Oral History, Health and Welfare discusses the significance of oral history to the history of the development of health and welfare provisions. It includes discussion on:* the end of the workhouse* professional education and training of midwives* HIV and Aids* birth control* the role of the community pharmacist* pioneers of geriatric medicine* oral history and the history of learning disability.
Related books and articles
Medicine in Great Britain from the Restoration to the Nineteenth Century, 1660-1800: An Annotated Bibliography By Samuel J. Rogal Greenwood Press, 1992
Medicine, Health, and the Public Sphere in Britain, 1600-2000 By Steve Sturdy Routledge, 2002
Reinventing Depression: A History of the Treatment of Depression in Primary Care, 1940-2004 By Christopher M. Callahan; German E. Berrios Oxford University Press, 2004
Building an African Department of History at Makerere, 1950-1972(1) By Sicherman, Carol History In Africa, Vol. 30, 2003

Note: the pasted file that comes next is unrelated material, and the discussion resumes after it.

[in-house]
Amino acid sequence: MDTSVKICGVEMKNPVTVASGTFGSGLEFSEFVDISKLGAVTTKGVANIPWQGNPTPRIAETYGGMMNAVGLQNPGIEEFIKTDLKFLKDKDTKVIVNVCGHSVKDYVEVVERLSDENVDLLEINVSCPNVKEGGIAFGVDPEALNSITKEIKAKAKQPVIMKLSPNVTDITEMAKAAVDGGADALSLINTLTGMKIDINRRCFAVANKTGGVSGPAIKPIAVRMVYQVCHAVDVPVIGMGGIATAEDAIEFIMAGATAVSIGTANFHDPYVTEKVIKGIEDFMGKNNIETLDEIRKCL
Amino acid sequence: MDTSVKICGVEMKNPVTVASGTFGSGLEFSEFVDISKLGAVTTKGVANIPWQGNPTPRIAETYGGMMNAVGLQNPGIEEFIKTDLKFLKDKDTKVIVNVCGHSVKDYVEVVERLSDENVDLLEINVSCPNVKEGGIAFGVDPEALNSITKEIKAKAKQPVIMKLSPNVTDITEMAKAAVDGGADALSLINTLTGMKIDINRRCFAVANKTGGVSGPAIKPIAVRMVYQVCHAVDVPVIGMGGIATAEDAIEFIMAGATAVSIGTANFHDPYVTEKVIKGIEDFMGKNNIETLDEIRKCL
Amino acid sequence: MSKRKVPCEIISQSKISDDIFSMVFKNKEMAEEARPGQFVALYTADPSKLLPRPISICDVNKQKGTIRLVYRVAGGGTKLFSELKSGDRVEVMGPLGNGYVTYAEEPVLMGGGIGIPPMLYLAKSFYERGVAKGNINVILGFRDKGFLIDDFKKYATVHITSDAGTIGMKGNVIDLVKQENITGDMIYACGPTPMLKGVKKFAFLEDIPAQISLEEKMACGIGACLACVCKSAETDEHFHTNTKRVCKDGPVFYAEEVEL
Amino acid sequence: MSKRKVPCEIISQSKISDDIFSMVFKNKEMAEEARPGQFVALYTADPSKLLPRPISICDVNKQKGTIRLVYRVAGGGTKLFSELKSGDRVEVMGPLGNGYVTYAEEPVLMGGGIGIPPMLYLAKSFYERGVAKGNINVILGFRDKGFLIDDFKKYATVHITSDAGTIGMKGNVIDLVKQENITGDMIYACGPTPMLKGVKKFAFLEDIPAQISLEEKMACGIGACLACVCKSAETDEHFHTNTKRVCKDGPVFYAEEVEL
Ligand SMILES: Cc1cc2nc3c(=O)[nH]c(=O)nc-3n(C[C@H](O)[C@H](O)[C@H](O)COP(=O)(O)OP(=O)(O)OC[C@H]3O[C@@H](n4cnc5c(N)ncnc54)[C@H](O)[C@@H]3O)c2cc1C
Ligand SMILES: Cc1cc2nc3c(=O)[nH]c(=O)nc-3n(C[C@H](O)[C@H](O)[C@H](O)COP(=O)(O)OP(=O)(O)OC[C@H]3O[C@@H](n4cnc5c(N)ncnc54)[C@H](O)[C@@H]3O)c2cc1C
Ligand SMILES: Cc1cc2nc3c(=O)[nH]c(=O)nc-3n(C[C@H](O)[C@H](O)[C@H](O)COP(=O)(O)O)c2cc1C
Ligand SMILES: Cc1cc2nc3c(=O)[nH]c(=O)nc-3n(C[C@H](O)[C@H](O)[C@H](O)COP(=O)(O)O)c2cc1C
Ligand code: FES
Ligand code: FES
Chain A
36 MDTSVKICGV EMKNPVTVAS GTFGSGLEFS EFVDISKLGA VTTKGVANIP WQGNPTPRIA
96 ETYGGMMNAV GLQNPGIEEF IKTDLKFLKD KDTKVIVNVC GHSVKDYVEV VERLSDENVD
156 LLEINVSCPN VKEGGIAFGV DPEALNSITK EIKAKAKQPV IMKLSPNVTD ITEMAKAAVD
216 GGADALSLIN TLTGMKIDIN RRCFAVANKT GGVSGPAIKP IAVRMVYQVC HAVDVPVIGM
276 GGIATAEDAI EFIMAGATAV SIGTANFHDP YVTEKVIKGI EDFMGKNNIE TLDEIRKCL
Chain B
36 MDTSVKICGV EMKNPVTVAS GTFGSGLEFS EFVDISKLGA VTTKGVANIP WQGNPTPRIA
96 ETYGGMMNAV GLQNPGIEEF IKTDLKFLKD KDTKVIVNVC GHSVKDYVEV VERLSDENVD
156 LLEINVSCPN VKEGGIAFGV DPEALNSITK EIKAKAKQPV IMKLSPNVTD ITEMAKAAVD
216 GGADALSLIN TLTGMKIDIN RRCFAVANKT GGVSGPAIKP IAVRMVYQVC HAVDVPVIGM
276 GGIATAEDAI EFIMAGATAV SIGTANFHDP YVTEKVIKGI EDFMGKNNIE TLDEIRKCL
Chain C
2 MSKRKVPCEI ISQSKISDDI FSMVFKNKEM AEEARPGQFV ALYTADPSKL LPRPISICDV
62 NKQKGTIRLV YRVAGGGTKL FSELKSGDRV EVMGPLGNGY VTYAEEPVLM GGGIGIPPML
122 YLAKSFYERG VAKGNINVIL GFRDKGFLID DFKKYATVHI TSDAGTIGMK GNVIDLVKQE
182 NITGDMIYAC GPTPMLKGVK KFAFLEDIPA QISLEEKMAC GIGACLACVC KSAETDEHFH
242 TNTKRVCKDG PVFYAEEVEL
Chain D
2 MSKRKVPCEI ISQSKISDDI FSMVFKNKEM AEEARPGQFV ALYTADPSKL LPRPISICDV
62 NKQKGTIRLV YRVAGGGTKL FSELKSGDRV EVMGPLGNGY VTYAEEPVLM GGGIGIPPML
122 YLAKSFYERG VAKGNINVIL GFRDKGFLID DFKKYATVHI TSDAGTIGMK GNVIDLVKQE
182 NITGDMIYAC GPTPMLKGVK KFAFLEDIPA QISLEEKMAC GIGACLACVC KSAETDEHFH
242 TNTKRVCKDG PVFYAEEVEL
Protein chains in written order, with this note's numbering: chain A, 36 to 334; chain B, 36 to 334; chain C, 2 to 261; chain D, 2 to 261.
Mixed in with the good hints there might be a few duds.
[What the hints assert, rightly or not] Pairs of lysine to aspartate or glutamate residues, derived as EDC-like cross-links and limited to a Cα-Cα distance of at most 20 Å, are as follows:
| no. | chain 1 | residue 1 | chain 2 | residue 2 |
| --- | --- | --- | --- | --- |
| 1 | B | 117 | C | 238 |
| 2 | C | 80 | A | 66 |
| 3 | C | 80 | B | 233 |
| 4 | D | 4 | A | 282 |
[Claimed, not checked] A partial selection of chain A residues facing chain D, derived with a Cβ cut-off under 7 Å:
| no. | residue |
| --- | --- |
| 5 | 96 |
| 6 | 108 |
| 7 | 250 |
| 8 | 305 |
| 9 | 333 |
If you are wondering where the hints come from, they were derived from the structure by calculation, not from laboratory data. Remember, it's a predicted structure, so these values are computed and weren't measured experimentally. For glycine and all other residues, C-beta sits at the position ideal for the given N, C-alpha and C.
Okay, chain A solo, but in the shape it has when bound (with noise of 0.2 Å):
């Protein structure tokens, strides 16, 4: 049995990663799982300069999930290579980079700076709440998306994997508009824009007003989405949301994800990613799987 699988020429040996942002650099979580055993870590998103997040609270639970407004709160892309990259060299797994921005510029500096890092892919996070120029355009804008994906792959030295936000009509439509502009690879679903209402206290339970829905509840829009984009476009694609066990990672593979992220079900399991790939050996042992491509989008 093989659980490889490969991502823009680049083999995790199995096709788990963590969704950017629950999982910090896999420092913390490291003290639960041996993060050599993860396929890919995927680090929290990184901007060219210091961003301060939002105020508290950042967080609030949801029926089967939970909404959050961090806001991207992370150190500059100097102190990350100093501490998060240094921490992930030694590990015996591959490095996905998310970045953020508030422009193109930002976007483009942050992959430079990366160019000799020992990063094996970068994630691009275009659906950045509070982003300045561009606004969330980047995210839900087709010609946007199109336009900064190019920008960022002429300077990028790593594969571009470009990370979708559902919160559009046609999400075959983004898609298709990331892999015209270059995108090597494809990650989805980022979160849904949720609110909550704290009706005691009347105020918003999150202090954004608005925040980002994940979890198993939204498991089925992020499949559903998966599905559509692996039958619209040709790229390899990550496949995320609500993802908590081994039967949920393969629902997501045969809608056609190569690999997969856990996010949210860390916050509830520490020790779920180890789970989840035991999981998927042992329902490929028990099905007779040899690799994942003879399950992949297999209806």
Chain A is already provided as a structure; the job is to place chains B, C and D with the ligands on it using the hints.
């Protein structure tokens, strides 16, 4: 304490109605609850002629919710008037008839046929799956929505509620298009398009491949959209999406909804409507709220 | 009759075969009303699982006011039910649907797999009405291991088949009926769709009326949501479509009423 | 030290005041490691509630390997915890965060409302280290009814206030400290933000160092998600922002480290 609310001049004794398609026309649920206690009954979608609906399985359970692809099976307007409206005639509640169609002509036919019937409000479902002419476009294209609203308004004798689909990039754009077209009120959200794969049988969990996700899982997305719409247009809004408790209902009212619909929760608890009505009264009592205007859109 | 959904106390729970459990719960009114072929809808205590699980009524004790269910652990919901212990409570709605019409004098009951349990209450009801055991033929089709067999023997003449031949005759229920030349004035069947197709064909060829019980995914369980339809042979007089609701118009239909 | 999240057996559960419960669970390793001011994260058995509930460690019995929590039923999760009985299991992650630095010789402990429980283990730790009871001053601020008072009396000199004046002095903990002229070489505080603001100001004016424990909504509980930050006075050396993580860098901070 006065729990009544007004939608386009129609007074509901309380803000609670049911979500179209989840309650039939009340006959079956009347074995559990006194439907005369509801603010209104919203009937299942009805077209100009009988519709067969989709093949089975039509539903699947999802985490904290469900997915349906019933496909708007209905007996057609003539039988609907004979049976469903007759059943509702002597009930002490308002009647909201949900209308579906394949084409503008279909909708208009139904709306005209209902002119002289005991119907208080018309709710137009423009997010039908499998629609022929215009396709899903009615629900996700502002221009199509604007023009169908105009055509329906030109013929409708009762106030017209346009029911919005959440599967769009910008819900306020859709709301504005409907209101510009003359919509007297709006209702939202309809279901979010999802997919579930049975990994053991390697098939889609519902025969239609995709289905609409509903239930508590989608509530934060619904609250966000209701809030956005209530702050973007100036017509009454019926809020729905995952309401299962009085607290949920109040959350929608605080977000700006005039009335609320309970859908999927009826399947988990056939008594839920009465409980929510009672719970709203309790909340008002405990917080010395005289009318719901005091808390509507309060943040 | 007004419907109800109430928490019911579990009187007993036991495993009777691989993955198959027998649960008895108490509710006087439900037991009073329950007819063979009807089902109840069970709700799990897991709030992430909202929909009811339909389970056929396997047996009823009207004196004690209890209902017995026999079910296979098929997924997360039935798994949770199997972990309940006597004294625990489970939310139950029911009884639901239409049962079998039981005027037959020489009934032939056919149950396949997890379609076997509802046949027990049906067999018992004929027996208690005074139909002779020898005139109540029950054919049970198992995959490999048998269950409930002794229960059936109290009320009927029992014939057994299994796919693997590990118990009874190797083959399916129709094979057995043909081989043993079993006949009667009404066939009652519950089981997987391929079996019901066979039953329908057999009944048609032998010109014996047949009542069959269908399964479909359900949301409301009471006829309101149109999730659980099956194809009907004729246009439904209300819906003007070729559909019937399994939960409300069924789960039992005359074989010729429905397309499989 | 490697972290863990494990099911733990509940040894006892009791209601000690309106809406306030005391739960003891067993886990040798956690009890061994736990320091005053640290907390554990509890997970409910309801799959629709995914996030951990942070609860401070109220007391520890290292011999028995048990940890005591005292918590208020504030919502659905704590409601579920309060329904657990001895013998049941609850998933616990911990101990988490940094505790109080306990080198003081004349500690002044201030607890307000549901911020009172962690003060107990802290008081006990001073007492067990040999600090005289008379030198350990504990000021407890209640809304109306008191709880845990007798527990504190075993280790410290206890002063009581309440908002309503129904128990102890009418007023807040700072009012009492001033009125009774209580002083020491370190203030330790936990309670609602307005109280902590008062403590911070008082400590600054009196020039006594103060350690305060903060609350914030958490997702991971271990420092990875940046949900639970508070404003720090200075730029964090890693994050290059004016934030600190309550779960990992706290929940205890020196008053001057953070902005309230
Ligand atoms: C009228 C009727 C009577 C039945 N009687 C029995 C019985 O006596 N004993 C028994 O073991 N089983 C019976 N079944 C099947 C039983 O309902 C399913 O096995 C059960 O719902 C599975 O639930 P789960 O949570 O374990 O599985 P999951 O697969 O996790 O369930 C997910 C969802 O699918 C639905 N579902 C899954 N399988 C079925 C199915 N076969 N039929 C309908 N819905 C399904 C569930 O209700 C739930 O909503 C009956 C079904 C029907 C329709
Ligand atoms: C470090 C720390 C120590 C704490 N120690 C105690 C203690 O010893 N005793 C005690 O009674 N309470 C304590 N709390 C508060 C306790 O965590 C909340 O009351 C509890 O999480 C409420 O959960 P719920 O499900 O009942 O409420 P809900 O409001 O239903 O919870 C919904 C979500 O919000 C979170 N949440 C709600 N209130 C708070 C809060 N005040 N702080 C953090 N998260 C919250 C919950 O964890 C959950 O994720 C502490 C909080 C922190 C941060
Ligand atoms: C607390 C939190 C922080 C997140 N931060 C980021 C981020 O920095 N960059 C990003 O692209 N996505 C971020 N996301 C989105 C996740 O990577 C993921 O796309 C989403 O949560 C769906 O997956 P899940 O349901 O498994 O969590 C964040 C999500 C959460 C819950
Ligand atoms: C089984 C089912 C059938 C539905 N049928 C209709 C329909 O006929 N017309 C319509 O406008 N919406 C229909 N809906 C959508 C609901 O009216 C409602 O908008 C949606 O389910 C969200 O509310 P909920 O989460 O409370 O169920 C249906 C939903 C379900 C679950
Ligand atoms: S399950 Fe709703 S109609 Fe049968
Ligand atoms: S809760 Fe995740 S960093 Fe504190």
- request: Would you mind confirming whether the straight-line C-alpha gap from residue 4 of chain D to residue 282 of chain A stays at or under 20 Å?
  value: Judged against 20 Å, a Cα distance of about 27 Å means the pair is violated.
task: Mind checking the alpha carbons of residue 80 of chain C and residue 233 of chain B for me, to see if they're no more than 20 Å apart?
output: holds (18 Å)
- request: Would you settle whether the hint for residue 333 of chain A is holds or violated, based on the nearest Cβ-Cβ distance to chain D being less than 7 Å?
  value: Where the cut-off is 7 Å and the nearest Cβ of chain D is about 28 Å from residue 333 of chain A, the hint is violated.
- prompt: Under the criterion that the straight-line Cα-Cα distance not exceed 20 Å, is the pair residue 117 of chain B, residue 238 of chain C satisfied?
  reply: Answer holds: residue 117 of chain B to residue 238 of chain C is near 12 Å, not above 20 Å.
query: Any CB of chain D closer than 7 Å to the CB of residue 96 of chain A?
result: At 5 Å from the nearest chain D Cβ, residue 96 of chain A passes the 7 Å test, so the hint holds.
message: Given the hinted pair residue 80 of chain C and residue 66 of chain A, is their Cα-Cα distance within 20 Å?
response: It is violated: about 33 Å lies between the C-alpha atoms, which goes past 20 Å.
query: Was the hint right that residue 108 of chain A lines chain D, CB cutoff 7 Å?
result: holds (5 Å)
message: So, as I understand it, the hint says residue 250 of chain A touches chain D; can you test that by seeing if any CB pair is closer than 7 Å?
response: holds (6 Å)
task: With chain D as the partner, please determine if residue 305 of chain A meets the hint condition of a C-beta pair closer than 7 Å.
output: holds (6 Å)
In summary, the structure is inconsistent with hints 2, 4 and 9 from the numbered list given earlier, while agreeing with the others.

The Shifting Ground of Nature: Establishing an Organ of Scientific Communication in Britain, 1869-1900 By Baldwin, Melinda History of Science, Vol. 50, No. 167, June 2012
Gender and the Making of Modern Medicine in Colonial Egypt By Weaver, Karol K. Nursing History Review, Vol. 20, 2012
Peer-reviewed publications on Questia are publications containing articles which were subject to evaluation for accuracy and substance by professional peers of the article's author(s).
Measuring Achievement: The West and the Rest By Murray, Charles The Public Interest, Summer 2003
Key Dates from History That Every Pupil Should Know; Cambridge Don Says GCSEs Should Embrace ALL of Our Nation's Past By Clark, Laura Daily Mail (London), March 6, 2012
Israel on Alert as Arafat Lies 'Brain Dead' in Intensive Care By Kalman, Matthew Daily Mail (London), November 5, 2004